Obviously, I’m quite opinionated on this subject because I created Gradle-inspired building tools but use more modern approaches to syntax and plug-in resolution (This is called cobalt), But regardless of that, I think cargo Manages to strike a very delicate balance between a flexible tool and a construction + dependency manager that adequately covers the entire default configuration without being overwhelmingly complex once your project grows.

U8, U16,…

In Rust, the types of numbers are quite simple: u8 Is an integer without a mark of 8 bits, i16 Is an integer with a 16-bit mark, f32 Is a 32-bit float etc …

This is a fresh breeze for me. Until I started using these types, I never recognized how uncomfortable I always am with the way C, C ++, Java, etc. define these types. Whenever I needed a number, I would use it int or Long By default. In C, sometimes I went up long long Without really understanding the consequences.

Rust forces me to pay close attention to all of these types and then, the compiler will keep me relentless whenever I try to perform casts that can lead to bugs. I really think all modern languages ​​should obey this convention.

Reporter error messages

Not to say that Kotlin’s error messages are bad, but Rust has certainly set a new standard here, in a number of dimensions.

In short, here’s what you can expect from the Rust compiler:

  • ASCII graphics with arrows, colors, clear demarcation of problematic sections.
  • Simple English and detailed error messages.
  • Suggestions on how you can fix the problem.
  • Links to relevant documentation where you can find out more about the problem.

I definitely hope future languages ​​get inspired.


About twenty-five years ago, when Java came out, the JVM promised: “Write once, run everywhere” (“WORA”).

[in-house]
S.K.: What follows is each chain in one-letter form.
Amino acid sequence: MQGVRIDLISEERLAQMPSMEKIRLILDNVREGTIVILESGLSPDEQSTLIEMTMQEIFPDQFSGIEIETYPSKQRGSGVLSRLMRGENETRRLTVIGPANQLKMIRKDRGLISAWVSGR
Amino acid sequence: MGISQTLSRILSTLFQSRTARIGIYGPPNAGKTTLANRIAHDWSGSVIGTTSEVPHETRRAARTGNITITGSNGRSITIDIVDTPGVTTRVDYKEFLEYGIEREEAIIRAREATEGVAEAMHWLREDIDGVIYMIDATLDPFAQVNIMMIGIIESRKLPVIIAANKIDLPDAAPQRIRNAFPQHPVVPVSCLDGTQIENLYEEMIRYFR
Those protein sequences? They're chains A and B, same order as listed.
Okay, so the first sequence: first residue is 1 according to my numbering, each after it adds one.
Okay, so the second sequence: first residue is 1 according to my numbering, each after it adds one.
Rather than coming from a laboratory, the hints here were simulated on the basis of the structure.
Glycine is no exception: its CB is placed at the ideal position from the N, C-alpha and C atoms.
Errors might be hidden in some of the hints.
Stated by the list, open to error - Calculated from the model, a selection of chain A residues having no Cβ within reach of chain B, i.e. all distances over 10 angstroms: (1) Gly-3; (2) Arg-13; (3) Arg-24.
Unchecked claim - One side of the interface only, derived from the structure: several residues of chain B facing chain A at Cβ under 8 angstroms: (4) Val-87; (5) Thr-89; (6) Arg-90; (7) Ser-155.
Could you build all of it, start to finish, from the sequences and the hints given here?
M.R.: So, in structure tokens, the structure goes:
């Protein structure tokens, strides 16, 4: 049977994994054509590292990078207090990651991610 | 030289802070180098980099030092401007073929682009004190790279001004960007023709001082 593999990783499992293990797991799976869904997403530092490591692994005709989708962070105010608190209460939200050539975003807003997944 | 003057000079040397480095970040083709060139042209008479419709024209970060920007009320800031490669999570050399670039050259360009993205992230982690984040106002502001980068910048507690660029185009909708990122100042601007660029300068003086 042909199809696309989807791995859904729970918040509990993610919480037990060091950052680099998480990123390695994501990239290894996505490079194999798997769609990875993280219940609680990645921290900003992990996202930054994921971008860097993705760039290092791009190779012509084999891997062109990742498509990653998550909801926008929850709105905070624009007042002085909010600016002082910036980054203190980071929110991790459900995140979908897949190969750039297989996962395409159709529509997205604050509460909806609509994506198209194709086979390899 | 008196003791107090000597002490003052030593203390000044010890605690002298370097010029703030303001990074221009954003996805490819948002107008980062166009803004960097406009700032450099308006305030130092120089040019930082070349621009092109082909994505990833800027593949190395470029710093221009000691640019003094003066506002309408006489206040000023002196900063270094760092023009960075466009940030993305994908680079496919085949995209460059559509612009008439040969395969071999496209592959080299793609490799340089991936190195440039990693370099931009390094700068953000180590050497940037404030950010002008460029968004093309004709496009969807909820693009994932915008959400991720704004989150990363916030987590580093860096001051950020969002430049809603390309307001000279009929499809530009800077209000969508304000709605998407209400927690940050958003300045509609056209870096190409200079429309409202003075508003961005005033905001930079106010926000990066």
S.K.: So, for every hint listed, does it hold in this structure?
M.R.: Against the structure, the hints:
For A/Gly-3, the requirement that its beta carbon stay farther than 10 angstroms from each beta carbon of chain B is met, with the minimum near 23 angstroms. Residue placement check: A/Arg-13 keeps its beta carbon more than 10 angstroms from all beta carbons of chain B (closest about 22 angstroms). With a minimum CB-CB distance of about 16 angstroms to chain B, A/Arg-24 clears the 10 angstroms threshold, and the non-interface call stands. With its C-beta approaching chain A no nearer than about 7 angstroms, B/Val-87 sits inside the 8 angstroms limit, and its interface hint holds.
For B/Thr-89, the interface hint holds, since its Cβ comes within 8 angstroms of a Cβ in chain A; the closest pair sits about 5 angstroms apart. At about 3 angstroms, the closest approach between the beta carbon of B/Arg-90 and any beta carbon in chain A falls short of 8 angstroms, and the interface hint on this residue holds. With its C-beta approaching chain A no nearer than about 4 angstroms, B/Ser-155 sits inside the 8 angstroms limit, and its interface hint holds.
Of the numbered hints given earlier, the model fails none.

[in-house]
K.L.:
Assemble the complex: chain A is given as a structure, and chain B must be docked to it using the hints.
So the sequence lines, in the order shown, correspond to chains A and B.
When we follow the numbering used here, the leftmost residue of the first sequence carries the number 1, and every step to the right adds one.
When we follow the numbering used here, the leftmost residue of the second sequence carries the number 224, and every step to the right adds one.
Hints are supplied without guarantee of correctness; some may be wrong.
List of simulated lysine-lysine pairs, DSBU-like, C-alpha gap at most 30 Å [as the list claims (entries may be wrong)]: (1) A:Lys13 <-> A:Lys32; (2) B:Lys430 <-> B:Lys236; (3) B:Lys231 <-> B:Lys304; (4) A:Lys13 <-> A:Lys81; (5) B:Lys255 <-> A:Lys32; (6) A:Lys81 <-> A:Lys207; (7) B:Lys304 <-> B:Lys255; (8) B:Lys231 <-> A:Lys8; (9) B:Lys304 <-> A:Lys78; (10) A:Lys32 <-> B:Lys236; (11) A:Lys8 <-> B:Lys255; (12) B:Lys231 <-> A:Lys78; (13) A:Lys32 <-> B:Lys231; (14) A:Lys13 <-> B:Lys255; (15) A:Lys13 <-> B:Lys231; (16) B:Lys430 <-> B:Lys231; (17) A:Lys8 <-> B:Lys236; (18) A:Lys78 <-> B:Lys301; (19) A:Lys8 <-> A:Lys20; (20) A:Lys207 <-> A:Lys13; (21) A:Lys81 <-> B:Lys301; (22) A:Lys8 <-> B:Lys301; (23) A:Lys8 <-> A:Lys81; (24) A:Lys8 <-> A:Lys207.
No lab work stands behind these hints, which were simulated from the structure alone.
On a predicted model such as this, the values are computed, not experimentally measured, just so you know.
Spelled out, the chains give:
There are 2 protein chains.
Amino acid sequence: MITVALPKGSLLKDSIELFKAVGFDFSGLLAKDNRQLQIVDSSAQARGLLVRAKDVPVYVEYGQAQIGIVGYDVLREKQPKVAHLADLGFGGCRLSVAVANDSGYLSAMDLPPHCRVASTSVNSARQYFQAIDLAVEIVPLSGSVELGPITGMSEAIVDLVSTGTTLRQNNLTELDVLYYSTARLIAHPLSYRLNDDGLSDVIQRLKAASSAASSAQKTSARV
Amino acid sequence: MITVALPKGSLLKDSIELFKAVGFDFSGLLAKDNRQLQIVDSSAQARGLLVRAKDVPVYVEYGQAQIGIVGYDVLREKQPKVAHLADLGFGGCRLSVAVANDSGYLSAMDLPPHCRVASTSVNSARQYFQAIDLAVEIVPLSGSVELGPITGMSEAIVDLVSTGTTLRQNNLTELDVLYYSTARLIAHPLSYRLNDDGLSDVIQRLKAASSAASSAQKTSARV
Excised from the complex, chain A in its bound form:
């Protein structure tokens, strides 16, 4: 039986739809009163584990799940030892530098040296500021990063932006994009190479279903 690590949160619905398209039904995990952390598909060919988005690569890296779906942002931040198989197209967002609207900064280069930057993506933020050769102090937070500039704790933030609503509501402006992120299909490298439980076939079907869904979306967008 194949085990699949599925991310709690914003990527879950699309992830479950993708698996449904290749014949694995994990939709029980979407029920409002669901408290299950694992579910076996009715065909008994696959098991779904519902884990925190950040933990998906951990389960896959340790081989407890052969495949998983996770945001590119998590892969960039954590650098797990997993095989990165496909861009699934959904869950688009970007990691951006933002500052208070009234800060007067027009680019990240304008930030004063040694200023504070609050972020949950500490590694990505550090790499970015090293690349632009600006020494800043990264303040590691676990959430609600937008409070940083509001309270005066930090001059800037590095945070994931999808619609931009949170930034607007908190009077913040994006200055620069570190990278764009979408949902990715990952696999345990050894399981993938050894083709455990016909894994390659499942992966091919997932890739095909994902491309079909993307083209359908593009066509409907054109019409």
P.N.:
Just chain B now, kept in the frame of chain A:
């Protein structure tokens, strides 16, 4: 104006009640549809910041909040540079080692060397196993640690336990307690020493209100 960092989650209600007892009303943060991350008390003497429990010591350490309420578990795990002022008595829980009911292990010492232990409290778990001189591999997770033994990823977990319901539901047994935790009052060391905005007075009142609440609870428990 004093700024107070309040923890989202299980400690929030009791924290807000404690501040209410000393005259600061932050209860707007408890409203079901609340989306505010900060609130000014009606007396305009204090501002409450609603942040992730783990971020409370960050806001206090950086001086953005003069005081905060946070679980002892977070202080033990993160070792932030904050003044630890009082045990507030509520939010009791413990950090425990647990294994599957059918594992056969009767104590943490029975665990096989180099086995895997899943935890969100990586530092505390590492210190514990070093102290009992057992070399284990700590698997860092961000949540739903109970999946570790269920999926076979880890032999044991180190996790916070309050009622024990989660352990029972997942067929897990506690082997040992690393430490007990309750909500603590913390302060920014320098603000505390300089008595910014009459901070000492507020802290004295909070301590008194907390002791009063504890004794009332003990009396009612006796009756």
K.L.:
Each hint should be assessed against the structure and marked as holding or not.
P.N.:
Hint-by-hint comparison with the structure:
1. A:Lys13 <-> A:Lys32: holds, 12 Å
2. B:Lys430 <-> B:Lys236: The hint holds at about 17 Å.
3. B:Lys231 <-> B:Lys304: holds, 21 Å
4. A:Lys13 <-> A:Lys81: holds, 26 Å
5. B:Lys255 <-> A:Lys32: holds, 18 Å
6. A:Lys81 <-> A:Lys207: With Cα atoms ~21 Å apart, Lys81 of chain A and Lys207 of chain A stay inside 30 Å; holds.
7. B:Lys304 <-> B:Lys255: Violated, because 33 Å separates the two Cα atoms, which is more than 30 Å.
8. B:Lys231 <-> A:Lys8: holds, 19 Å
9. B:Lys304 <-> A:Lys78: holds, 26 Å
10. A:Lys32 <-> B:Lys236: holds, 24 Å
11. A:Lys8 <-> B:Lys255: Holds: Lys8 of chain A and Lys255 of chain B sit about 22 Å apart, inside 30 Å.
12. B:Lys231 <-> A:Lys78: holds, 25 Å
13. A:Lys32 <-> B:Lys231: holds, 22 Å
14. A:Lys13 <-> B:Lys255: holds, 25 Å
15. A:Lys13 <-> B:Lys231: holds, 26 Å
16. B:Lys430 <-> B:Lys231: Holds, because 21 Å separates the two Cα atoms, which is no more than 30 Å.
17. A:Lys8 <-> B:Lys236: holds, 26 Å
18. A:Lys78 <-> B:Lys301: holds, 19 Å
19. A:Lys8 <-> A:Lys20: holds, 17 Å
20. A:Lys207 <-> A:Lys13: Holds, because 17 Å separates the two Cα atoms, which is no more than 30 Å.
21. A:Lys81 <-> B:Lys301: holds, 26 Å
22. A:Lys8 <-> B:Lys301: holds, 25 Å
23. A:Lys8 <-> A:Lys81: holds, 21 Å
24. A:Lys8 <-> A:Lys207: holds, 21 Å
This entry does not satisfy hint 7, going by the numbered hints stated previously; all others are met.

While this promise stood on a shaky foundation in the early years, there is no denying that WORA is a reality today, and has been for several decades. Not only can JVM code be written once and run anywhere, such code can also be written anywhere, which represents an important boost to developer productivity. You can write your code in any of Windows, macOS, Linux and deploy in any of Windows, macOS and Linux.

Surprisingly, Rust is also capable of such flexibility, even though it produces original executables. Regardless of the operating system in which you write your code, producing executable files for a large number of things is trivial, with the added benefit that these executable files are genuine, and thanks to the amazing technical achievement that the LLVM is also high-performance.

Before Rust, I came to terms with the fact that if I wanted to run on multiple operating systems, I had to pay the price of running on a virtual machine, but Rust now shows that you can have your cake and also eat it.

Kotlin (and the JVM in general) are also starting to learn this lesson, with initiatives like GraalVM, but producing executable files for the JVM code still involves restrictions and limitations.


I have a lot more to say about all this.

And by “all this,” I mean “rust and cutlin.”

Both are such interesting languages. I love both, but for different reasons. I hope I was able to convey some of my affection in these two posts. While these articles may seem critical, they are truly love letters. I am a very demanding developer, someone who has been writing code for forty years and who plans to continue to do so for as long as his mental abilities allow. I feel an unreasonable passion for programming languages, and I hope my passion shone through these two articles.

TestNG Is a project I started around 2004 with the sole intention of mixing things up. I wanted to show the Java world that we can do better than JUnit. I had no intention of anyone liking and embracing TestNG: it was a project lab. trial. All I wanted to do was show we could do better. I really hoped the JUnit team (or whatever was left of it) would look at TestNG and think “wow, I never thought of that! We can integrate these ideas into JUnit and improve it even more!”.

That’s my goal with these two posts. I would be excited if these two very, very different worlds (the Rust and Kotlin communities) would stop for a second from their incredible pace of development, look at each other, even though they really had no interest in doing so, and understand “well … it’s interesting … I wonder if we can Do it?”.

Discussions on reddit: